There is only one path to long-term energy security and affordability: clean energy

There is only one path to long-term energy security and affordability: clean energy

Europe’s recent spike in electricity prices—made worse by Russia’s invasion of Ukraine—lays yellowish one of the major economic risks of depending on fossil fuels: it exposes countries to the whims of a global market.

While Canada is thankfully somewhat insulated from European-style energy challenges due to the fact that only 17% of our electricity is generated from fossil fuels, we are not immune to fossil fuel geopolitics, expressly when it comes to driving our cars and heating our homes.

Gasoline hit roughly $2 a litre in parts of Canada this past month. And in Alberta and Saskatchewan, where electricity is still mostly produced with coal and natural gas, once upper electricity rates will go plane higher. Some may vituperation these increases on the stat price (currently 9 cents a litre), but the reality is that the price at the pump is mostly unswayable abroad.

Indeed, the Canadian government cannot transpiration global fossil fuel markets. What it can transpiration is whether we’re going to stay thankful to them.

In recent days, the idea of wipe energy security has been advocated by Canadian political and world leaders alike, with U.S. President Joe Biden remarking that weaning ourselves off Russian oil “should motivate us to slide a transition to wipe energy. This is a perspective our European allies share — and a future where together we can unzip greater independence.”

Germany, meanwhile, has moved its near 100% renewable electricity goal forward by 15 years to 2035. And the International Energy Agency published “A 10-Point Plan to Reduce the European Union’s Reliance on Russian Natural Gas,” which plots a path toward EU energy independence in a way that moreover meets climate targets and uses no Russian gas without 2030.

Even in the U.K., which like Canada has zaftig oil and gas reserves, the Conservative secretary of state for business, energy and industrial strategy recently stated “gas is increasingly expensive than renewable energy, so we need to move yonder from gas.”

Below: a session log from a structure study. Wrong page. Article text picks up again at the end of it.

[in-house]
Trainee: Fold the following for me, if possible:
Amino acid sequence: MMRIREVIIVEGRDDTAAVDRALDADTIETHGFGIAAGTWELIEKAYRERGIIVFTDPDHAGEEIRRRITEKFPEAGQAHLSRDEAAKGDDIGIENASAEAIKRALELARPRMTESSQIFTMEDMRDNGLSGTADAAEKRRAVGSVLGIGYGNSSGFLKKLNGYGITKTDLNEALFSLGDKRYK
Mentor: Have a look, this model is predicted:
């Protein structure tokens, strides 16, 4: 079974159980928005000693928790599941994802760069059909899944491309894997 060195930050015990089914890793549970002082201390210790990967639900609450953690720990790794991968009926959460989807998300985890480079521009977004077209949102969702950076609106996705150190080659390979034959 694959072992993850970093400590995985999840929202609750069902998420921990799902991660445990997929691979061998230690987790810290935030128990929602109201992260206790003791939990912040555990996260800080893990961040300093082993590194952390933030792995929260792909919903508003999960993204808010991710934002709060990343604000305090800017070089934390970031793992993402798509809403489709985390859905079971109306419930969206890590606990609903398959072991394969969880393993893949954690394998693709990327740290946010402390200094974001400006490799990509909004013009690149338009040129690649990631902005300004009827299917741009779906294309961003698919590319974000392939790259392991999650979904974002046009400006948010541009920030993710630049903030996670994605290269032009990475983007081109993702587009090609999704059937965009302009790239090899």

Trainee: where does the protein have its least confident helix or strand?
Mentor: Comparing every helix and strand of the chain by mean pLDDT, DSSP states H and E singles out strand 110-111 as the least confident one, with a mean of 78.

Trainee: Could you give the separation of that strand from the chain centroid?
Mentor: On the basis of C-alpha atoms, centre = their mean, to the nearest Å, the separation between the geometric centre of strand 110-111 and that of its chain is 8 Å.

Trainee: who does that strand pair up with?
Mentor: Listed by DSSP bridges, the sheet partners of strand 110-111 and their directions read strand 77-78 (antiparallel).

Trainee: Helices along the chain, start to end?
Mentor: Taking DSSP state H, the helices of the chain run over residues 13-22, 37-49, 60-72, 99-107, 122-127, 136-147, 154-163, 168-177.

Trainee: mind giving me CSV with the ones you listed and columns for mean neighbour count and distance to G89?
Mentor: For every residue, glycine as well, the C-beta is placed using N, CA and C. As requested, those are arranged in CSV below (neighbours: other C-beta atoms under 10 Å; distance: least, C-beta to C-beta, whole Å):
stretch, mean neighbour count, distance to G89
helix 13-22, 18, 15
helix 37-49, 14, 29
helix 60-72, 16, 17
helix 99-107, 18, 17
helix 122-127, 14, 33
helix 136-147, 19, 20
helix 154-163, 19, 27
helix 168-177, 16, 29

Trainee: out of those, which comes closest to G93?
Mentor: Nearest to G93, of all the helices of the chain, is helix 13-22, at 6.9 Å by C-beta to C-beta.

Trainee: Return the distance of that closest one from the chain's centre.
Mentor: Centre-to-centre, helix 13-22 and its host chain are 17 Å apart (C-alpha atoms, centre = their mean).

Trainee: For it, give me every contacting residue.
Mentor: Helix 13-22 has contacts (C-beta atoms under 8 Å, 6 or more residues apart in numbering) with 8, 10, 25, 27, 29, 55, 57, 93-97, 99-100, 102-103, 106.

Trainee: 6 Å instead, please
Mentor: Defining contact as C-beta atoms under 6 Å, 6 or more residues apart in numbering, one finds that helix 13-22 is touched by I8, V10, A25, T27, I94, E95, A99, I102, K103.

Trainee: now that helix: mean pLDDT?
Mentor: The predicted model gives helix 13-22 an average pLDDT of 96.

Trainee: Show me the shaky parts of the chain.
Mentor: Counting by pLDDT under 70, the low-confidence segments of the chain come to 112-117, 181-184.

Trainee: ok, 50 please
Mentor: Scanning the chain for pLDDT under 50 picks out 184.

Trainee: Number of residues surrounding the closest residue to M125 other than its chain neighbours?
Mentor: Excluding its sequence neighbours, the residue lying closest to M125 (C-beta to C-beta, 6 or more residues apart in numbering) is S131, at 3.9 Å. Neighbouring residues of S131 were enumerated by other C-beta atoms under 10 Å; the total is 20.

It couldn’t be much clearer that now is the time to rapidly shift Canada’s economy yonder from fossil fuels and toward solutions that make long-term economic and climate sense. To do otherwise would be unreceptive to betting versus our allies and closest trading partners.

The path to insulating our economy versus the geopolitics of fossil fuels is both a big undertaking and a relatively straightforward one.

In short, Canada must generate increasingly clean, affordable electricity that Canadians can use to power our cars and trucks, heat our homes, and run our businesses. We’re well-equipped to make it happen: we once have well-healed hydropower, while a recent study ranked Canada second out of 42 countries assessed for their worthiness to meet electricity needs from solar and wind sources.

And while we may have little tenancy over the inflationary pressures well-expressed supplies and consumer goods, unlike many nations, Canada doesn’t need to be a price taker when it comes to energy.

Evidence is piling up from virtually the world: affordability is improved when nations wean themselves off fossil fuels.

Consider a recent report from the International Energy Agency, which found that introducing measures to reach net-zero emissions by 2050 would lower stereotype household energy bills in wide economies.

This shouldn’t come as a huge surprise.

New analysis from Wipe Energy Canada calculated the total ownership financing of equivalent electric and gas cars—from purchasing, to refuelling, to maintenance—and found that EV versions unchangingly end up cheaper than their gas counterparts, despite their higher sticker price.

The electric Hyundai Kona, for example, Canada’s second bestselling EV, is $15,000 cheaper to own overall than the modestly priced gas Hyundai Kona. If gas prices were to stereotype $2, as we’ve seen in parts of Canada this past month, savings jump to a whopping $24,000.

As for electricity, families in fossil fuel reliant Saskatchewan pay 60% increasingly for power than those in Quebec and 45% increasingly than their hydro-endowed neighbours in Manitoba.

Canadians shouldn’t have to pay $2 a litre for gasoline or wonder what their utility bills will squint like month to month. Canada is a wipe energy heavyweight with the worthiness to decouple energy use from the vagaries of a global market.

If we act today, a future awaits where energy security equals energy affordability—and where wipe energy equals a largest future in increasingly ways than one.

This post was co-authored by Merran Smith and originally appeared in Canada’s National Observer.

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